The Collaborative International Dictionary of English v.0.48:

Following \Fol"low*ing\, n. 1. One's followers, adherents, or dependents, collectively. --Macaulay. [1913 Webster] 2. Vocation; business; profession. [1913 Webster]
The Collaborative International Dictionary of English v.0.48:

Following \Fol"low*ing\, a. 1. Next after; succeeding; ensuing; as, the assembly was held on the following day. [1913 Webster] 2. (Astron.) (In the field of a telescope) In the direction from which stars are apparently moving (in consequence of the earth's rotation); as, a small star, north following or south following. In the direction toward which stars appear to move is called preceding. [1913 Webster] Note: The four principal directions in the field of a telescope are north, south, following, preceding. [1913 Webster]
WordNet (r) 3.0 (2006):

following adj 1: about to be mentioned or specified; "the following items" [syn: following(a), undermentioned] 2: immediately following in time or order; "the following day"; "next in line"; "the next president"; "the next item on the list" [syn: following, next] 3: going or proceeding or coming after in the same direction; "the crowd of following cars made the occasion seem like a parade"; "tried to outrun the following footsteps" [ant: leading] 4: in the desired direction; "a following wind" n 1: a group of followers or enthusiasts [syn: following, followers] 2: the act of pursuing in an effort to overtake or capture; "the culprit started to run and the cop took off in pursuit" [syn: pursuit, chase, pursual, following]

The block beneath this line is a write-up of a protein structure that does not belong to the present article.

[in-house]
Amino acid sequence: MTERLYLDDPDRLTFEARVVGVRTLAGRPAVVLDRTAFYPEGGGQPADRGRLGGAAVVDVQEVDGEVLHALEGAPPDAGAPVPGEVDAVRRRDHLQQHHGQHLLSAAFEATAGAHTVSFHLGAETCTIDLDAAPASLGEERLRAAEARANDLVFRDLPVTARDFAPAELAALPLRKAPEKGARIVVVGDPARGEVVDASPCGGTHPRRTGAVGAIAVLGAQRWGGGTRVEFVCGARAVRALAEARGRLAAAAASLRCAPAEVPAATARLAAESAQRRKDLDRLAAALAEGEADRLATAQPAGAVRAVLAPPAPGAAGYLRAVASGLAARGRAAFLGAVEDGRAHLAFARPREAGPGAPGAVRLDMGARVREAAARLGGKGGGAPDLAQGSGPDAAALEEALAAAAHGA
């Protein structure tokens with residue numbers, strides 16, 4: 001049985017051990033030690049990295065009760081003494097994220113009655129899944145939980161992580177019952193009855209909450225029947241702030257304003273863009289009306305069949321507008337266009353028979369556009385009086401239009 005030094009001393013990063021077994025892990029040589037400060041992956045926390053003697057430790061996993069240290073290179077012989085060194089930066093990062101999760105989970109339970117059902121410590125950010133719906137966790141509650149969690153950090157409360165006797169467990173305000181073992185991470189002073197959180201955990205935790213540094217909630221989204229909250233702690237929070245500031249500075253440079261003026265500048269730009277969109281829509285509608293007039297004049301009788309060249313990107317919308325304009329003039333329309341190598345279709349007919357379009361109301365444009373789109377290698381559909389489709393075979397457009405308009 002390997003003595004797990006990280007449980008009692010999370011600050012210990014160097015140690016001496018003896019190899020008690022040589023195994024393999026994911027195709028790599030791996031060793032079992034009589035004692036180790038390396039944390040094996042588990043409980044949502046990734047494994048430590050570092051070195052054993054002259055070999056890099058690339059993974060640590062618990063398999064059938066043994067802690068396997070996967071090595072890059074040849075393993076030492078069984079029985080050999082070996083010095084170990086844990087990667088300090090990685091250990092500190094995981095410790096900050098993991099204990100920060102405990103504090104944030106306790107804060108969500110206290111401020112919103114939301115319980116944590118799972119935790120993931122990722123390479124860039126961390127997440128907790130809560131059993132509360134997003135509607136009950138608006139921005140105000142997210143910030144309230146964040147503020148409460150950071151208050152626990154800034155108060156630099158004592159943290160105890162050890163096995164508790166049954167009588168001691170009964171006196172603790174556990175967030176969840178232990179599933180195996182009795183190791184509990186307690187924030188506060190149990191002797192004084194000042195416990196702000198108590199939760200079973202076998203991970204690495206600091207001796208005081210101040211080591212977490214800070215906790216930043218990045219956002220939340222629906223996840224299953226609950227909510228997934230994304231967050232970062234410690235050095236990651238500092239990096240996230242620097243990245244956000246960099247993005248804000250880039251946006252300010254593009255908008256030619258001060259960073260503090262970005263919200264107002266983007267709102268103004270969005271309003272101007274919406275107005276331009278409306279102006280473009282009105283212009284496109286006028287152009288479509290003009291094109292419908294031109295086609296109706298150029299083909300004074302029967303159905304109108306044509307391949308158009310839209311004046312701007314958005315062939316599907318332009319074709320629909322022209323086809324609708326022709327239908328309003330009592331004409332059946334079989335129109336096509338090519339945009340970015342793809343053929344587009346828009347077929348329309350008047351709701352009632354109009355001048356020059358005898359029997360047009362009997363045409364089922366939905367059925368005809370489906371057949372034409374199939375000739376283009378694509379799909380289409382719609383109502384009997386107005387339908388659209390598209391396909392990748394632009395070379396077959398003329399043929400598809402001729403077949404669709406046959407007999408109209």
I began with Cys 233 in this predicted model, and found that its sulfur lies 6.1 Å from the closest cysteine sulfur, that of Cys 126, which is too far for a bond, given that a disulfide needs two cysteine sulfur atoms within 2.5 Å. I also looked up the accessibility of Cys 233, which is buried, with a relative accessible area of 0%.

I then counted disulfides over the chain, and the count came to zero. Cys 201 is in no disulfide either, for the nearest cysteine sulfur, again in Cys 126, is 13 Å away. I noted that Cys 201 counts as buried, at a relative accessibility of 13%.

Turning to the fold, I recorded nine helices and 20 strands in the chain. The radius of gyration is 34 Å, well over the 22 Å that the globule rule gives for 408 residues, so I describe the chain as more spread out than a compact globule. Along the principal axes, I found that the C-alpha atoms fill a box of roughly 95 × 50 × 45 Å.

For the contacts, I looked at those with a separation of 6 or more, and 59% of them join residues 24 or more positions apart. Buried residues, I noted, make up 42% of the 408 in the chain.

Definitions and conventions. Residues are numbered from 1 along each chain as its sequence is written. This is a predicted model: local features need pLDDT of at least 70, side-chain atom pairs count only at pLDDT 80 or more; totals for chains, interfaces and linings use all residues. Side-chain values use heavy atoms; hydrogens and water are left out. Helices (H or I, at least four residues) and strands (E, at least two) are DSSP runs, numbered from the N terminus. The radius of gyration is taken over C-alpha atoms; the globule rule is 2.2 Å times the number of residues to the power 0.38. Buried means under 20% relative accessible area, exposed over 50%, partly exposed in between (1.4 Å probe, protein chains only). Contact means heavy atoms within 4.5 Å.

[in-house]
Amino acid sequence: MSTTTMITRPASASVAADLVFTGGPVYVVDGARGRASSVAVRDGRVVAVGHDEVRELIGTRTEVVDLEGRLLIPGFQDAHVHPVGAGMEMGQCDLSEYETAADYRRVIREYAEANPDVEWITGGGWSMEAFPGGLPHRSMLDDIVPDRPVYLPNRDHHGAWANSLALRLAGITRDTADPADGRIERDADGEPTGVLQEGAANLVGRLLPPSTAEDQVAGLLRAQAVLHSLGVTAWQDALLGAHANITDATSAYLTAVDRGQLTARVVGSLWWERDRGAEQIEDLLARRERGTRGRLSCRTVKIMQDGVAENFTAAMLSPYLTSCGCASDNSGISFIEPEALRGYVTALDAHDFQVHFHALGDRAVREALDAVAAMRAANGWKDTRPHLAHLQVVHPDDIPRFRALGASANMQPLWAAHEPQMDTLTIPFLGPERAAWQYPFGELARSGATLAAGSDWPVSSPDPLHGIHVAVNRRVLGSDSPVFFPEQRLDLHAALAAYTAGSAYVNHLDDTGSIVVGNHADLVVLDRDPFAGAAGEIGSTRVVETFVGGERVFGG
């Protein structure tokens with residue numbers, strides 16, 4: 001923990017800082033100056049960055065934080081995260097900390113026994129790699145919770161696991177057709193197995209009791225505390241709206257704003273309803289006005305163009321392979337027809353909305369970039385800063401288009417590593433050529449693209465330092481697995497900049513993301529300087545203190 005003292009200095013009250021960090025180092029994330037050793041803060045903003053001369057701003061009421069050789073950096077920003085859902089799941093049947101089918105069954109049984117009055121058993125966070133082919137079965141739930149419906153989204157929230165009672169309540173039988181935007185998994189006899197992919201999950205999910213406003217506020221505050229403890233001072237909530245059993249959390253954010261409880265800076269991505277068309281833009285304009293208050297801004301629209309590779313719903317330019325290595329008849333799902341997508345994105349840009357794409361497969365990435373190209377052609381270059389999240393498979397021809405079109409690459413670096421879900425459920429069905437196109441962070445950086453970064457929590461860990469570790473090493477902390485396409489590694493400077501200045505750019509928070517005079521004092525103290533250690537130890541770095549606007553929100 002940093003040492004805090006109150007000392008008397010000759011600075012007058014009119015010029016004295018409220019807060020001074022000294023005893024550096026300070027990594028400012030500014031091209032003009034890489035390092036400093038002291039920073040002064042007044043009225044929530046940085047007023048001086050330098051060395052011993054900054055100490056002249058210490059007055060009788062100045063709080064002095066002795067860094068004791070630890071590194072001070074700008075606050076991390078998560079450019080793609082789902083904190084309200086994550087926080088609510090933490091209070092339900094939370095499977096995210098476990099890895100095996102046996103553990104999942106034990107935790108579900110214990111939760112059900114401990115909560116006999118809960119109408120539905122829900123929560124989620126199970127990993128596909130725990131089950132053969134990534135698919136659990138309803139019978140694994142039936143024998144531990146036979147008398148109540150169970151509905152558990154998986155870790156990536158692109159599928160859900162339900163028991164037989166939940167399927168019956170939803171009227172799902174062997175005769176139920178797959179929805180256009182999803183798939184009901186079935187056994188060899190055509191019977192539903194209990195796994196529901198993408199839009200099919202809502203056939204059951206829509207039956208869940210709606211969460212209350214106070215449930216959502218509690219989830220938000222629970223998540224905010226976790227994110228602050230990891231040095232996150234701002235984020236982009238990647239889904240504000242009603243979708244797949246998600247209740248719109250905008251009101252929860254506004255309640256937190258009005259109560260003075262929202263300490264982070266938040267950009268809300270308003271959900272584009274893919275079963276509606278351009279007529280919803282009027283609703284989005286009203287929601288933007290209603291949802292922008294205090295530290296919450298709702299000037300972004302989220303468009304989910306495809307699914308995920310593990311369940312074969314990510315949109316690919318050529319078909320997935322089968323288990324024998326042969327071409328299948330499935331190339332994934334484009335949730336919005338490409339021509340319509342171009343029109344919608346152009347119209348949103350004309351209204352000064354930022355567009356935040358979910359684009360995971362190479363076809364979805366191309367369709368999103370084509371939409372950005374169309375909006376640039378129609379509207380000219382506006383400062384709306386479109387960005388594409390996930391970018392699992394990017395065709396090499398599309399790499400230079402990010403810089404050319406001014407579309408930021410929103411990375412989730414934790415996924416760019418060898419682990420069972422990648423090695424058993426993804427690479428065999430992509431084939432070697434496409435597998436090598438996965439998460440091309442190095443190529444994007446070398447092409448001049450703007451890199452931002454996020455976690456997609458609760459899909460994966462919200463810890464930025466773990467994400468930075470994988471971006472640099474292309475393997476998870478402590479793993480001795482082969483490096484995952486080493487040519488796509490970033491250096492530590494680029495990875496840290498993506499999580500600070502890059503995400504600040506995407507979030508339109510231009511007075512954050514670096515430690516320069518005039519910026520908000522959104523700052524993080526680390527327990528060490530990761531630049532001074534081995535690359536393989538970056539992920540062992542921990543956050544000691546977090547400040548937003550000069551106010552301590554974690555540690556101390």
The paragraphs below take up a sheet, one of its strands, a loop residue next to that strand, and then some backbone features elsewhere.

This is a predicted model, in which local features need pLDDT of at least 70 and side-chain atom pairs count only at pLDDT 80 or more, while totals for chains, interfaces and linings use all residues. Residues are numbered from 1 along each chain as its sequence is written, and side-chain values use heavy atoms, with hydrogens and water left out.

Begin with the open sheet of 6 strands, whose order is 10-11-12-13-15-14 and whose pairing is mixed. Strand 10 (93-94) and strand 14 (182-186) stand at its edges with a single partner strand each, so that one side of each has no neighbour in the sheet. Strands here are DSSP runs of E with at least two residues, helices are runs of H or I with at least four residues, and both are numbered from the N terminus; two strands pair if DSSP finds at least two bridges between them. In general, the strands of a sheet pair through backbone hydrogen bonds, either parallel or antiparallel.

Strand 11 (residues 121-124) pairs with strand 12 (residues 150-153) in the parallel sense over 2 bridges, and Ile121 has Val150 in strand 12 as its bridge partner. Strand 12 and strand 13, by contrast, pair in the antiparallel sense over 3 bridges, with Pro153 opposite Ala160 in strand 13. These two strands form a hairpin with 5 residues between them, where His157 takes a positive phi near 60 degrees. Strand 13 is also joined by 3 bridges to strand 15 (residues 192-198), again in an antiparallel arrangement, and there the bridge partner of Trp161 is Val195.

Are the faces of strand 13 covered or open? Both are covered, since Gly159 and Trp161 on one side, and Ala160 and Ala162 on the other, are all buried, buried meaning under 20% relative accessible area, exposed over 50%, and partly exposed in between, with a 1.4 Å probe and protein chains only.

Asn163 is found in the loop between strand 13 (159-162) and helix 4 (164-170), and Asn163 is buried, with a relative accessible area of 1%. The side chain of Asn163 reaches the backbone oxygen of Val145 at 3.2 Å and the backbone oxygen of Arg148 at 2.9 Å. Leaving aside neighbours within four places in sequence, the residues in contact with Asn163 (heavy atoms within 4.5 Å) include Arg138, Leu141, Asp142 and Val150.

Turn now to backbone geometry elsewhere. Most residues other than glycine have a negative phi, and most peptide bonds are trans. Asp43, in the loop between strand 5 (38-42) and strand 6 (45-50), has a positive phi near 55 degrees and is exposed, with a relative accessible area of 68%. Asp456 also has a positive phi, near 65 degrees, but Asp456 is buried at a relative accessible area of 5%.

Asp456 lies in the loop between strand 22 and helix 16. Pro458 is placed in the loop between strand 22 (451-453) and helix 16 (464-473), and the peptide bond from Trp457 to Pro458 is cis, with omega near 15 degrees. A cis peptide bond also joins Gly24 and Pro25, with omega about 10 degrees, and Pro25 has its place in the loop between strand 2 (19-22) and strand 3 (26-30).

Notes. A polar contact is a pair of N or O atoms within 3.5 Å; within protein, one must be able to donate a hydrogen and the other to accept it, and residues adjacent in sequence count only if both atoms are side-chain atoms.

Moby Thesaurus II by Grady Ward, 1.0:

208 Moby Thesaurus words for "following": adherent, after, afterlife, alike, aped, appendage, appendant, attendance, attendant, audience, behind, below, body of retainers, buff, bugging, cadet, cavaliere servente, chase, clientage, clientele, cloak-and-dagger work, cohort, coming, coming after, consecution, consecutive, consecutiveness, consequent, consequential, consimilar, continuation, continuity, copied, copying, cortege, counterespionage, counterfeit, counterfeiting, counterintelligence, court, courtier, cynegetic, dangler, deducible, dependent, derivable, derivational, derivative, descent, disciple, dogging, electronic surveillance, emulation, ensuing, entourage, ersatz, espial, espionage, extension, fake, fakery, fan, favoring, final, fishing, flunky, follow, follow-up, follower, forgery, future time, halieutic, hanger-on, hangover, henchman, hit-off, homme de cour, homogeneous, hue and cry, hunting, identical, imitated, imitation, impersonation, imposture, impression, in full cry, in hot pursuit, in pursuit, infenible, intelligence, intelligence work, junior, lateness, later, like, line, lineage, lineal, logical sequence, military intelligence, mimesis, mimicked, mirroring, mock, nearly reproduced, next, next life, not unlike, observation, onomatopoeia, order, order of succession, parasite, parody, partisan, phony, piscatorial, piscatory, plagiarism, plagiary, postdate, postdating, posterior, posteriority, postposition, postpositional, postpositive, procession, progression, prolongation, prosecution, provenience, proximate, public, puisne, pursuance, pursuant, pursuer, pursuing, pursuit, pursuivant, quest, questing, remainder, repetition, resembling, resultant, resulting, retinue, rotation, rout, satellite, searching, secret police, secret service, sectary, seeking, sequacious, sequence, sequent, sequential, series, shadow, shadowing, similar, simulated, simulation, since, smacking of, something like, spying, stakeout, stalking, stooge, subjunction, subsequence, subsequent, subsequent to, succeeding, succession, successive, successiveness, successor, suffixation, suffixed, suggestive of, suite, supervenience, supervention, supporter, surveillance, synthetic, tagtail, tail, tailing, takeoff, tracking, tracking down, trailing, train, trainbearer, uniform with, votary, ward heeler, wiretap, wiretapping, younger